We have an infestation of Pokémon on my campus and in my community. Have you seen any Pokémon lurking around your home, at work, in parks, or on the streets near you? I’ve even found one in my office (see the picture).
These cute little beasts appear to be spreading an epidemic of cell phone distraction. Maybe you’ve seen kids and young adults wandering around staring at their phones and trying to catch Pokémon. Should people avoid playing the game? Should parents ban the game from their child’s phone?
As I start, let me clear about something. I’ve been playing Pokémon Go for the last few days (just a little for research although I find the game somewhat entertaining). The game is an interesting example of augmented reality. You play while walking around your community. Wild Pokémon will appear near you and you can catch them with your phone. The game uses your phone’s camera to make the Pokémon appear in the world around you. That is kind of cool. There are other things around you as well. A Pokéstop is a place where you can easily win various prizes – they are located at landmarks in your community. A gym is a place where you can battle your Pokémon against someone else’s beasts. So as you walk along with the game running on your phone, you see a map of the real environment with various interesting things trying to attract your attention. My university’s campus is crowded with Pokémon, Pokéstops, and gyms.
Pokémon Go is undoubtedly leading to cell phone distraction as people walk around. They look at their phones and fail to notice the world. Even when the phone is displaying the actual background as someone catches a Pokémon, they will be focused on the Pokémon and fail to see other things. This reflects a phenomenon called Inattentional Blindness. I’ve written before about the dangers of using a cell phone while walking or driving, being in class or at work, or going on a date – cell phones turn people into zombies. So I haven’t been surprised to read reports of accidents related to playing Pokémon Go. I’ve seen reports of people falling off cliffs, having driving accidents, being hit by cars while chasing Pokémon, and being robbed. Clearly there can be serious problems. But this isn’t really anything new. The problems attached to cell phone use while walking and driving existed before the game was released. The problems are no different than any other use of cell phones while walking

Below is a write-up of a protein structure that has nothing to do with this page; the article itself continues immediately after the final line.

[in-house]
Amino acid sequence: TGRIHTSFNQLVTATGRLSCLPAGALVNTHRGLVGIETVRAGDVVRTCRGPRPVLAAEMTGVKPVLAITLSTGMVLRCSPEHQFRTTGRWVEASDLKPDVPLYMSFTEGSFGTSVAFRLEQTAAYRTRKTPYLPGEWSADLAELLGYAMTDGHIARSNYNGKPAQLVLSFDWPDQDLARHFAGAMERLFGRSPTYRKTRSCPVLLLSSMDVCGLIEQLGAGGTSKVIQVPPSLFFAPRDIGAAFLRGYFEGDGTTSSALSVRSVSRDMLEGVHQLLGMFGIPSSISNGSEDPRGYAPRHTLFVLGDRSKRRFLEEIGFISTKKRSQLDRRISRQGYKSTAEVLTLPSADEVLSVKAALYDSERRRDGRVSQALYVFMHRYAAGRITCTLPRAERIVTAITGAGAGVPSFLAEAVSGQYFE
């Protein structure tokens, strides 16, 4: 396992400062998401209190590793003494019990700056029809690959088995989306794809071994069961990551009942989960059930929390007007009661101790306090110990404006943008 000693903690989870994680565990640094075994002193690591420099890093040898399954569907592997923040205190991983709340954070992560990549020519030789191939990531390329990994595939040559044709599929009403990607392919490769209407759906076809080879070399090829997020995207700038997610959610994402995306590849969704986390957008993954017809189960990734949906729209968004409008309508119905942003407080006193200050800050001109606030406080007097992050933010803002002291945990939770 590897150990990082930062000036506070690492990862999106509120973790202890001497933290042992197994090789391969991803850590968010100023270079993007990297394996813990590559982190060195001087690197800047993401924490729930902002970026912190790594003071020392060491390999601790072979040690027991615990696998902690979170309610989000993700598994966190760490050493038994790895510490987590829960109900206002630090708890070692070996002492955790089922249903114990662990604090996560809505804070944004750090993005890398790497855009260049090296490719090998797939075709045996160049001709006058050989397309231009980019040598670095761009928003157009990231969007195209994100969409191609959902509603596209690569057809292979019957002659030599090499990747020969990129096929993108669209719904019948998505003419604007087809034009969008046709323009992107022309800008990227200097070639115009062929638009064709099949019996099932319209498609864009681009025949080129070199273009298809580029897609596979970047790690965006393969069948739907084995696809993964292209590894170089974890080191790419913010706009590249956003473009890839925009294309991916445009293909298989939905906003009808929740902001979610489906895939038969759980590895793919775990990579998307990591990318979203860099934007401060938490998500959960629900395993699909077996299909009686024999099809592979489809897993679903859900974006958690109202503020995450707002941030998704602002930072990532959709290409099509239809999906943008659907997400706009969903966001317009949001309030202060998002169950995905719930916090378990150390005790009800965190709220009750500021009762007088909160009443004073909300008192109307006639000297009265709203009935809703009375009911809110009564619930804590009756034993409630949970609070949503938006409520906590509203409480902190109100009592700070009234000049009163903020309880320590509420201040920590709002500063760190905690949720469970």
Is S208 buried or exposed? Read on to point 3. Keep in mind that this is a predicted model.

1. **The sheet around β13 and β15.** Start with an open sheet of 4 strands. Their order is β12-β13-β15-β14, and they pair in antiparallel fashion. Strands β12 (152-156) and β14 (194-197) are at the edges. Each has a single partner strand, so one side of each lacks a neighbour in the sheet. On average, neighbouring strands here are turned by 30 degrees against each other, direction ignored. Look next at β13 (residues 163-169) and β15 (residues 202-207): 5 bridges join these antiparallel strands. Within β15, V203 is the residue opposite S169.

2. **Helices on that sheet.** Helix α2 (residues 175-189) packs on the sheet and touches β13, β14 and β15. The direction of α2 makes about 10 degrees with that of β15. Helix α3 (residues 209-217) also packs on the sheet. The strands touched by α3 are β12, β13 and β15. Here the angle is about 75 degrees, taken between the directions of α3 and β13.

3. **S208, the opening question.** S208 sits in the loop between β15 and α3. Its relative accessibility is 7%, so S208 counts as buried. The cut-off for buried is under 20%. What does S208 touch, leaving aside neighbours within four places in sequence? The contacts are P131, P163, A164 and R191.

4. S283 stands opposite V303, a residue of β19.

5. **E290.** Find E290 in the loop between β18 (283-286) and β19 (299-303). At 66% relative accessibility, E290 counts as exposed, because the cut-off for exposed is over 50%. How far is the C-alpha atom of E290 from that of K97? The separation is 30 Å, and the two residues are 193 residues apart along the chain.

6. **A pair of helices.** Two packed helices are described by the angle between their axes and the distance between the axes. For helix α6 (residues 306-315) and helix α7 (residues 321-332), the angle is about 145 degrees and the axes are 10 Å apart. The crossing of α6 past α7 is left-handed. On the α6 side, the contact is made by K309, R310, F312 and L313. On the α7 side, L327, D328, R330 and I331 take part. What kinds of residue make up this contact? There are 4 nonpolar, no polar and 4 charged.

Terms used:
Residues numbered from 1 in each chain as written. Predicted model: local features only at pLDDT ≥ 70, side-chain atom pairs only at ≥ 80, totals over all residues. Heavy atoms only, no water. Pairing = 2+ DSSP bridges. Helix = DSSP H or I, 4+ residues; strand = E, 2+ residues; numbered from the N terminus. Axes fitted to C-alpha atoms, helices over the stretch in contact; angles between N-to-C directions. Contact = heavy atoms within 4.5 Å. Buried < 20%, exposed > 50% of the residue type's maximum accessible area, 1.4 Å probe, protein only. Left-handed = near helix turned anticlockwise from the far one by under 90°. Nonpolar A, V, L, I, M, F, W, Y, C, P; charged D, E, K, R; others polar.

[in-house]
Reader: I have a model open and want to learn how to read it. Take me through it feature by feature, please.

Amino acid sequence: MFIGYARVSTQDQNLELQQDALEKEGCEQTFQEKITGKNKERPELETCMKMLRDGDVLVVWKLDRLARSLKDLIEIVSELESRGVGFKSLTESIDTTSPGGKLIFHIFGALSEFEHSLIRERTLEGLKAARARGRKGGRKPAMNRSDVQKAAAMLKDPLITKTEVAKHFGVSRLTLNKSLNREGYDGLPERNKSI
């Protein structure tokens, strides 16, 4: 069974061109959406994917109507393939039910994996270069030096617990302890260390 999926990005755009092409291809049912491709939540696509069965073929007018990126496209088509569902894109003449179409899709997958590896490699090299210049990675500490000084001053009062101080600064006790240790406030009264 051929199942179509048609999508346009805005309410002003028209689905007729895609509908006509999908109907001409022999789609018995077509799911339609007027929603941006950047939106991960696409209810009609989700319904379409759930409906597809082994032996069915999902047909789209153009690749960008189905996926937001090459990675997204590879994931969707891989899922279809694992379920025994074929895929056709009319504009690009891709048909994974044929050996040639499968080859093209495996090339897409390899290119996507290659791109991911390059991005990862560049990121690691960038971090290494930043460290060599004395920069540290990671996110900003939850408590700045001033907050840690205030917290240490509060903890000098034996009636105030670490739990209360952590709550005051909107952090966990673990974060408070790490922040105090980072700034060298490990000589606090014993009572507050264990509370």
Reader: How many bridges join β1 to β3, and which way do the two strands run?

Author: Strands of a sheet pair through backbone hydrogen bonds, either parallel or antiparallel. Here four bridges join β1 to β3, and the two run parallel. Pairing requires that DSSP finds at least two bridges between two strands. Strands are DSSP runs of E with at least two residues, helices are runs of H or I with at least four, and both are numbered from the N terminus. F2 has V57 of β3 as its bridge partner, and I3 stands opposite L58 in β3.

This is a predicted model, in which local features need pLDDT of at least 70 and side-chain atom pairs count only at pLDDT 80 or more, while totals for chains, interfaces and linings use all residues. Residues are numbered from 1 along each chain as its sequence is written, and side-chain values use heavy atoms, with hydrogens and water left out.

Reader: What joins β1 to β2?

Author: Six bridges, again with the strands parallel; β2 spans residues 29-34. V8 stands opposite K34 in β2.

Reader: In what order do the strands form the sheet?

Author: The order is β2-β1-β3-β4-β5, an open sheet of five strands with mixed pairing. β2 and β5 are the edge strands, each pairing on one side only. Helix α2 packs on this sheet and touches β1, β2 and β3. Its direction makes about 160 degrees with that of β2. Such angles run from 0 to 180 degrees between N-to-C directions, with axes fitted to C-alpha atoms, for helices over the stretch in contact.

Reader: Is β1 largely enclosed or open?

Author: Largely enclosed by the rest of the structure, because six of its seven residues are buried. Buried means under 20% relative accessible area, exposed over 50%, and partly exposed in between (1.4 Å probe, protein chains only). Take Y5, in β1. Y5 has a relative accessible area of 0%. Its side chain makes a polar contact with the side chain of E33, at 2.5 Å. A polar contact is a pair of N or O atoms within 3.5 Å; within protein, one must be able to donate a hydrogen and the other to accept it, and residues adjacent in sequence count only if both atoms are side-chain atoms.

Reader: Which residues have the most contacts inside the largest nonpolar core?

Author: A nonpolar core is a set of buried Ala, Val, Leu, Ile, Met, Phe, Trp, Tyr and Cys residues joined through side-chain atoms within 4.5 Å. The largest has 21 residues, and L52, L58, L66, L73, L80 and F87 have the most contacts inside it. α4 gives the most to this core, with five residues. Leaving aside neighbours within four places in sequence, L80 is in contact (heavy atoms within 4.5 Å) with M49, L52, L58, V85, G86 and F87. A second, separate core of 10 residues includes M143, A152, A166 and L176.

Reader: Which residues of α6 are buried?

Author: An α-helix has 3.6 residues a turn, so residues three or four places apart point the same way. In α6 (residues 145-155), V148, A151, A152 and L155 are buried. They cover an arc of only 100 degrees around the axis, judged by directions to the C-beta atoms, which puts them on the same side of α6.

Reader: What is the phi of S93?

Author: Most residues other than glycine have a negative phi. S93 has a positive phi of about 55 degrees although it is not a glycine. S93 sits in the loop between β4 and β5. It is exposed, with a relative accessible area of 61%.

So should you and your family avoid Pokémon Go?
No. Instead, maybe you should start playing.
There may be some interesting benefits of playing Pokémon Go. First, the game requires people go outside and move. To catch Pokémon, you have to keep moving to new places. To gain prizes, you have to visit new Pokéstops. To hatch your eggs, you have to walk reasonable distances. There are serious benefits to walking and to being in parks. I’ve seen in my community that lots of people are using the trails and parks to play the game. Many of these players are people I haven’t seen before walking on my city’s trails. Getting people out and active is a good thing. I also know there are families and friends out walking and playing together. Which leads to the second advantage.
Second, the game is frequently social. People go outside and play the game with other people. I’ve walked around with one of my sons. I’ve seen others going outside to play together as well. You will also have better luck in having battles at gyms if you work in a team (at least that’s how I understand the game, but I’m still a very weak Pokémon player). I also suspect the game will become more social. I imagine, you’ll be able to meet friends in places and have battles even without being in a gym. What’s more, people are making new friends. The same Pokémon appear to everyone in the area, as do the other game features. Although you can’t see the other players in the game generally, you will see them near the same locations. You can make new friends with other people you share an interest with.
Pokémon Go will encourage physical activity and social interaction.
Since the game has some interesting advantages, it seems important to mitigate the hazards of using your cell phone while walking. There isn’t much you can do as an individual unless you have a designated walker with you and your friends while walking around playing – that is, someone who isn’t playing but is instead tasked with watching the world for hazards and keeping everyone safe.
But there are things the game designers can do. Their opening screen advises users to “Be alert at all times. Stay aware of your surroundings.” That just isn’t enough. The game designers have used landmarks as locations for Pokéstops and gyms. They should be selective. I’ve seen landmarks such as traffic circles used. This will lead people to walk toward high risk environments with limited awareness of the world. I’d be happier if they were more thoughtful in locating things with an eye toward keeping people safe.
Pokémon Go may increase physical and social well-being. But the game designers should remain aware of safety.